Eagle-eyed volunteers in the South West are needed to help count one of the UK's most elusive birds.
The Game and Wildlife Conservation Trust (GWCT) and the British Trust for Ornithology (BTO) are looking for 1,000 people across the UK to help them track the woodcock.
Because of the woodcock's secretive nature, there has long been uncertainty about its status.
In 2002, the woodcock was amber listed amid fears that the species had suffered a 74% decline in breeding numbers.
To determine whether the birds were under threat, the GWCT and BTO carried out the first ever national count of woodcock in 2003, which revealed that there were around 78,000 male woodcock in Britain.
Dr Andrew Hoodless, an ecologist with the GWCT, said: "Our first national survey posed some interesting questions about abundance. In our repeat survey this year we need to identify why Wales and South West England support so few breeding woodcock and why areas such as Kent and Hertfordshire appear to hold rather low densities of woodcock despite having relatively large areas of woodland."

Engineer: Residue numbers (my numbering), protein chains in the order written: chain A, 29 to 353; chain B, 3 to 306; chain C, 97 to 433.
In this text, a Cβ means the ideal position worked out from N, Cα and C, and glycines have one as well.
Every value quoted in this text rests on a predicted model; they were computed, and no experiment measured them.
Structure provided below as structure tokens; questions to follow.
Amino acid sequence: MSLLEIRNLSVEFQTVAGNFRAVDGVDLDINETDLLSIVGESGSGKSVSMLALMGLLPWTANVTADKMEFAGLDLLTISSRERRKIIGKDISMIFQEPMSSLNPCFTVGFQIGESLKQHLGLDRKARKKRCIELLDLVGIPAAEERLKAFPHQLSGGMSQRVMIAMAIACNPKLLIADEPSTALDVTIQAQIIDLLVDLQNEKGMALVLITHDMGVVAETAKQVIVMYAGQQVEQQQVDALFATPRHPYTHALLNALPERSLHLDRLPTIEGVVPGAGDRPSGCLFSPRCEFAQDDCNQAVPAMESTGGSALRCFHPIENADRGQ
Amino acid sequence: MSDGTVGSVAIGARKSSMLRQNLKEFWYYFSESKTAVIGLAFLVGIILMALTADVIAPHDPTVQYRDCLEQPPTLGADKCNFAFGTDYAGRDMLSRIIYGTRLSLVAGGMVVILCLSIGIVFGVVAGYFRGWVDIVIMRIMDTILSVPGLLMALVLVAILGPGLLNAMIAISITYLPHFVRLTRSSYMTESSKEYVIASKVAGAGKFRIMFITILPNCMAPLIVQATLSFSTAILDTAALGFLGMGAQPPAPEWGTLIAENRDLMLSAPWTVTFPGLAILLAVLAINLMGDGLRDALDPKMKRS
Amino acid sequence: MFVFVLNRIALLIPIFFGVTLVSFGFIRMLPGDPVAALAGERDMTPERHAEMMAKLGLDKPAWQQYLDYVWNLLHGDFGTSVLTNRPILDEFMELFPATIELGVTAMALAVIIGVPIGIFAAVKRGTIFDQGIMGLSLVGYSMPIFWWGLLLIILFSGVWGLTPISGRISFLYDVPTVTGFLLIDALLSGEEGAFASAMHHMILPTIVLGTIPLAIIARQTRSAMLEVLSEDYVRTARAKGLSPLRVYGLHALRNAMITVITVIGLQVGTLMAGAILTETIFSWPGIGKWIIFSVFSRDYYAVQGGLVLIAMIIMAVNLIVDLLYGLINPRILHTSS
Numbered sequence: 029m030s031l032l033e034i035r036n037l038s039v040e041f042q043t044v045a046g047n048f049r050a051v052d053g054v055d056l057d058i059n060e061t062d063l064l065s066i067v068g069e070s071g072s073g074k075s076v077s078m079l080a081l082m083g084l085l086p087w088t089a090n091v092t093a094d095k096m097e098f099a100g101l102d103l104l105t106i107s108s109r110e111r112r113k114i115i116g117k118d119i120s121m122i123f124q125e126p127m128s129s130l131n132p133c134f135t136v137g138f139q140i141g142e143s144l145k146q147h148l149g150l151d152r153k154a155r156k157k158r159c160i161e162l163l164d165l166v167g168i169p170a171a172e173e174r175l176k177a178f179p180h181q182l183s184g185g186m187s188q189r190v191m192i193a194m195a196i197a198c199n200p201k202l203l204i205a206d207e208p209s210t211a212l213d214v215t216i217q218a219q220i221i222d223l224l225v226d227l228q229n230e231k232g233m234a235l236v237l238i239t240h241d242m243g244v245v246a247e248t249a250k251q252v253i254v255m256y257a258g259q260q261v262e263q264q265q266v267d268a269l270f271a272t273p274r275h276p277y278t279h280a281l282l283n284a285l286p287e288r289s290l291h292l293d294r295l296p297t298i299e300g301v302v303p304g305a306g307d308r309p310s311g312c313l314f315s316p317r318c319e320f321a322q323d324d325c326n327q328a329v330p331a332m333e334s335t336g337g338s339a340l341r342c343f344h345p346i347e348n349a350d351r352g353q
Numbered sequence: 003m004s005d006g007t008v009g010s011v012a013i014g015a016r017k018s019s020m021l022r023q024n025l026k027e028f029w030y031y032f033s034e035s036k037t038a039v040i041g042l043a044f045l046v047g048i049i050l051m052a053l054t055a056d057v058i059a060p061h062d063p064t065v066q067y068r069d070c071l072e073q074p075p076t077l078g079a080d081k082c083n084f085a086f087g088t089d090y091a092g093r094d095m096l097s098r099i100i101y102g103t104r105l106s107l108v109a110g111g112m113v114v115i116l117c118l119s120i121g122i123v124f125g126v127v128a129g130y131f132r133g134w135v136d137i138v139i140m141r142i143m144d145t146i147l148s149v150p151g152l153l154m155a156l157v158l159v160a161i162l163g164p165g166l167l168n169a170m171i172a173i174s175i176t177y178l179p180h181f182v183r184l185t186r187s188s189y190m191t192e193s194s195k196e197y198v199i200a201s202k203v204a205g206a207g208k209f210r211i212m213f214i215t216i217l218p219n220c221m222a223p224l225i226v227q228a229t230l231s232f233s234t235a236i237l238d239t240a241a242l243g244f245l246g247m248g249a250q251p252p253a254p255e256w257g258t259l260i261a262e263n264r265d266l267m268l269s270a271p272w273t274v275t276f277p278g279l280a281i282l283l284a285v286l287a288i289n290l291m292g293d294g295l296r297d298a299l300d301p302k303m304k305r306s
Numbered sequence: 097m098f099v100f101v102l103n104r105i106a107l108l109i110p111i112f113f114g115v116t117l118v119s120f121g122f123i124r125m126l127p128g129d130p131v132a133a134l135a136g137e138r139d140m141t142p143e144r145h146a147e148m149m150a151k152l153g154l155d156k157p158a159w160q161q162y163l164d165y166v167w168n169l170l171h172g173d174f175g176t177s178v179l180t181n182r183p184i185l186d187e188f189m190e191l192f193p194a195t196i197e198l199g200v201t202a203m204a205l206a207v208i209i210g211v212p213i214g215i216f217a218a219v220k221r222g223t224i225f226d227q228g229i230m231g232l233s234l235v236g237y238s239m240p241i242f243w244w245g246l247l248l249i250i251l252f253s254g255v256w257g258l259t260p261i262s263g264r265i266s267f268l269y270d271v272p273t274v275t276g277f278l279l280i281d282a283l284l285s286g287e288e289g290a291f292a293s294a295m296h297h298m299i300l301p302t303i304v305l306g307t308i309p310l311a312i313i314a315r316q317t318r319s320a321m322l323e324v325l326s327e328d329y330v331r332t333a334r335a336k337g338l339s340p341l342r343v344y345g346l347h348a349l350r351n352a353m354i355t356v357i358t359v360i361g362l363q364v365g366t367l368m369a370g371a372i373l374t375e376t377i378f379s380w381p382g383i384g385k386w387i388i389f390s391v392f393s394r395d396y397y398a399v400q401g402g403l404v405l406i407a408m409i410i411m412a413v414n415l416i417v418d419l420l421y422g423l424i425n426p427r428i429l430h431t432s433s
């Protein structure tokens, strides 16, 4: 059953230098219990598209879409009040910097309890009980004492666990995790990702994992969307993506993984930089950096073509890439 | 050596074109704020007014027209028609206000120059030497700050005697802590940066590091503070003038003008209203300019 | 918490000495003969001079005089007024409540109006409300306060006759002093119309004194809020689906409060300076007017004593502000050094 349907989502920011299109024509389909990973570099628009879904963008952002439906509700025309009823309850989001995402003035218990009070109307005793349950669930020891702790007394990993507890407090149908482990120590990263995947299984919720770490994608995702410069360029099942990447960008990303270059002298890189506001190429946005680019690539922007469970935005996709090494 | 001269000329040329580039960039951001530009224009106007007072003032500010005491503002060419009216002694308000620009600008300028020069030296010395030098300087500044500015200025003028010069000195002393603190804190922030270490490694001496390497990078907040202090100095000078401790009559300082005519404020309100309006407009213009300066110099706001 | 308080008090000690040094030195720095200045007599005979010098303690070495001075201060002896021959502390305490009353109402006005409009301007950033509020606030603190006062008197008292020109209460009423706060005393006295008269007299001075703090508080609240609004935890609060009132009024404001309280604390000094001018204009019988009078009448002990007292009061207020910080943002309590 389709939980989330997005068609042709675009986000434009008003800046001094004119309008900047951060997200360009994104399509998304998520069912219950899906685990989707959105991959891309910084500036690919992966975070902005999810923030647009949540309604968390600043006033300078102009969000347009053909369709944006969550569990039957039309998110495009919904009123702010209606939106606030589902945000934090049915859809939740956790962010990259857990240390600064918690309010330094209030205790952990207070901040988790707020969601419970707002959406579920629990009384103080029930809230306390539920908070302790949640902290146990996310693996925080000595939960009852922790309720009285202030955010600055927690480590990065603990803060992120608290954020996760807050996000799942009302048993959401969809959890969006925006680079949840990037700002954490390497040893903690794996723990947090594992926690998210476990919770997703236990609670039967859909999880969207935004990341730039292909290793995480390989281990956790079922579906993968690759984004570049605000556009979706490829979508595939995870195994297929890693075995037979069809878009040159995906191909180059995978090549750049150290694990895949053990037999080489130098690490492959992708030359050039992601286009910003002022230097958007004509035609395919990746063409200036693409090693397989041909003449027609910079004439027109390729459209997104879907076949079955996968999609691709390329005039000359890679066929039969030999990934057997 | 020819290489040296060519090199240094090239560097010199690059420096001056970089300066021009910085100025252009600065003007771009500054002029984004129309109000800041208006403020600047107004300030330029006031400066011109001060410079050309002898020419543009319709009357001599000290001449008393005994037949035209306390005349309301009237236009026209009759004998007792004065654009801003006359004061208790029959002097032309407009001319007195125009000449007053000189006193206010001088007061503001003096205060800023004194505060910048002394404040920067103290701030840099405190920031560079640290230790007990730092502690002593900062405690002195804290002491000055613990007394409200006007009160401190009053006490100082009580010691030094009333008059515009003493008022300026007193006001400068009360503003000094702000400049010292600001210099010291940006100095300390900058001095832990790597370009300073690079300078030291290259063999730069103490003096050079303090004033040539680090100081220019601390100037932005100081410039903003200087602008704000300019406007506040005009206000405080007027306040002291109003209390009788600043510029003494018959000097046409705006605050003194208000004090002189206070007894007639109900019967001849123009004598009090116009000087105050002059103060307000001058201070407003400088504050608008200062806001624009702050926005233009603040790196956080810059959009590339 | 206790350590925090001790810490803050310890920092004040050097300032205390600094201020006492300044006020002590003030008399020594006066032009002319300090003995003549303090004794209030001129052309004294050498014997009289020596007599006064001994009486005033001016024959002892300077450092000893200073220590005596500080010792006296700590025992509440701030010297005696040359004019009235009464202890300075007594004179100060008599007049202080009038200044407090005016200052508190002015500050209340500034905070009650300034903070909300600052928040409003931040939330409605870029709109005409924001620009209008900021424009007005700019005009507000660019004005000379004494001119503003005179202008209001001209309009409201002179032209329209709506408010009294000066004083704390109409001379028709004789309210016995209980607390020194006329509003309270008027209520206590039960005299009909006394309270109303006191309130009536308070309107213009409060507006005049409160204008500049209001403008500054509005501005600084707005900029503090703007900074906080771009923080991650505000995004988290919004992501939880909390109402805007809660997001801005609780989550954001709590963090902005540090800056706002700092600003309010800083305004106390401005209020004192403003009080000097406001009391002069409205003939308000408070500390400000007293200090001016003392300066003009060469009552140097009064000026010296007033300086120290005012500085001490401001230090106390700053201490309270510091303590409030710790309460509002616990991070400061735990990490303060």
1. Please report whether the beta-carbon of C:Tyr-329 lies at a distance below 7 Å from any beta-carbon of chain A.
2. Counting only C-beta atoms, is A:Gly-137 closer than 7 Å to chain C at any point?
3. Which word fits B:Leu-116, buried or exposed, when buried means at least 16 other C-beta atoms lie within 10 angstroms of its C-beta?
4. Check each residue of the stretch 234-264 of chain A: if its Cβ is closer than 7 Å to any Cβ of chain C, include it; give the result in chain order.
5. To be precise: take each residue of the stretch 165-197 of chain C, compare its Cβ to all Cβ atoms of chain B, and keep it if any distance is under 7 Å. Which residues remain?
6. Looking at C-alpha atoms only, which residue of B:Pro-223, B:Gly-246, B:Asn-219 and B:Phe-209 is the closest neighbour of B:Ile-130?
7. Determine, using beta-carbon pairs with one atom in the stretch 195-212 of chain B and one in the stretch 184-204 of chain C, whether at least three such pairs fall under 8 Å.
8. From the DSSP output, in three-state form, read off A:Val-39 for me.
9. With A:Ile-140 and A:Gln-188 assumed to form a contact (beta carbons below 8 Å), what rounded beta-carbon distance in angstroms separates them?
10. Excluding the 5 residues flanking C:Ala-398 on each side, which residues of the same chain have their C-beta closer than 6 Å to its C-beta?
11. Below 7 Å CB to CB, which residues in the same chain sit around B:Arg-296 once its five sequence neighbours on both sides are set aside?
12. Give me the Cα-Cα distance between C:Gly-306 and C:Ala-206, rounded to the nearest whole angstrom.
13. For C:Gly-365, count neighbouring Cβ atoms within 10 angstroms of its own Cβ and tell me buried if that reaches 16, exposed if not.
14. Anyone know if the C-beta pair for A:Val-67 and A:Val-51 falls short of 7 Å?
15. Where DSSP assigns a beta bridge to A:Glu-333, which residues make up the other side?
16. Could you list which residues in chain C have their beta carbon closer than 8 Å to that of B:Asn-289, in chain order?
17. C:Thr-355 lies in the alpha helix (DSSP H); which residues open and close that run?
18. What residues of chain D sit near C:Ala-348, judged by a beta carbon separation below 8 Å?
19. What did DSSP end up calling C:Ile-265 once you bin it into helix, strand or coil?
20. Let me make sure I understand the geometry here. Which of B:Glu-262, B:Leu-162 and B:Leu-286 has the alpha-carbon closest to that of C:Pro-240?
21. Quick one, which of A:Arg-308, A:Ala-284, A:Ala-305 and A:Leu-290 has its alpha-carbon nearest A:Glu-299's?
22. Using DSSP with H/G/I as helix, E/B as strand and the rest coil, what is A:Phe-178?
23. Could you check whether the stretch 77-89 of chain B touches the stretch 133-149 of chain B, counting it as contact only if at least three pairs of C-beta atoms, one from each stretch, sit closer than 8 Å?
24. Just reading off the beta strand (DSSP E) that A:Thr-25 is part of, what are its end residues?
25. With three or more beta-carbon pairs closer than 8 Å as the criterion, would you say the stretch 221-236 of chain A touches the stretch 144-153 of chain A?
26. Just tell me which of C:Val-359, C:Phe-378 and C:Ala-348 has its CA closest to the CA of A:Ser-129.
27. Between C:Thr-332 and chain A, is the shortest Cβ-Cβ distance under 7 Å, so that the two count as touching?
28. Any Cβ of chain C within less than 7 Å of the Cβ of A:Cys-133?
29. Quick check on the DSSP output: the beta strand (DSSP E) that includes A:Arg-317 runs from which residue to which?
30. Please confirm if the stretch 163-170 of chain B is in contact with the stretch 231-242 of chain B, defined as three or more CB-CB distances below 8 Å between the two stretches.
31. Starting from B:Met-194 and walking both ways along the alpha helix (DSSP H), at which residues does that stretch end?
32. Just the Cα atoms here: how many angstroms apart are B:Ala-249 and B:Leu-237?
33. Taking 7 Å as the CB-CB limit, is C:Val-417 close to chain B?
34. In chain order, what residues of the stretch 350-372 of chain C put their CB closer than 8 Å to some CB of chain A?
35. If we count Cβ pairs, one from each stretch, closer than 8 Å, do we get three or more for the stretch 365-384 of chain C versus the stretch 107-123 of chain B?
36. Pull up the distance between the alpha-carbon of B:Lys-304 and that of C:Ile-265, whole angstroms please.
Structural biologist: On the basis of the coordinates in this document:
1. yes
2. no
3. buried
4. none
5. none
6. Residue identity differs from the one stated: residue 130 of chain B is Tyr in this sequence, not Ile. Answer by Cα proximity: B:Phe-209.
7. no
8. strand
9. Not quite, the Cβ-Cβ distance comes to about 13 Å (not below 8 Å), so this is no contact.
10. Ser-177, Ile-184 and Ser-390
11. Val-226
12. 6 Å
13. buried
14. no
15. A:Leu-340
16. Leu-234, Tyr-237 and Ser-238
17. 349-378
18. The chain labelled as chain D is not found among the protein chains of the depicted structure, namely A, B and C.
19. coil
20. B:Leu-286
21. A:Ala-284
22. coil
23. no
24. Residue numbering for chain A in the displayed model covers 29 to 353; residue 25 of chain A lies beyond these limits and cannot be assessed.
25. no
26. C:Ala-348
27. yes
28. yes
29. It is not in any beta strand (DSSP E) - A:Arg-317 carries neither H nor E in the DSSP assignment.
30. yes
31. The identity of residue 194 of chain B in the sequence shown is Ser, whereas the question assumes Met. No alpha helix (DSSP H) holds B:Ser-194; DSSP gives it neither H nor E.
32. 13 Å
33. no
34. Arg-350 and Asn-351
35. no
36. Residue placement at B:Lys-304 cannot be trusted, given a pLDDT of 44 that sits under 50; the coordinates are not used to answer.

This year's Big National Woodcock Count takes place in May and June. Some 1,500 woodland survey sites will be monitored across England, Scotland and Wales with additional sites to be included for Ireland.
The camouflaged birds, with their long slender bills, can be difficult to spot during the day. The technique for counting woodcock involves standing in a wood at dusk and counting the males as they fly past, making their distinctive roding or display calls in search of females.
Dr Hoodless said: "Woodcock have very specific habitat requirements in the breeding season and the survey will enable us to investigate how changes in woodland habitat and general land use over the past ten years have affected their numbers."
To take part in the Big National Woodcock Count, visit www.bto.org/woodcock-survey.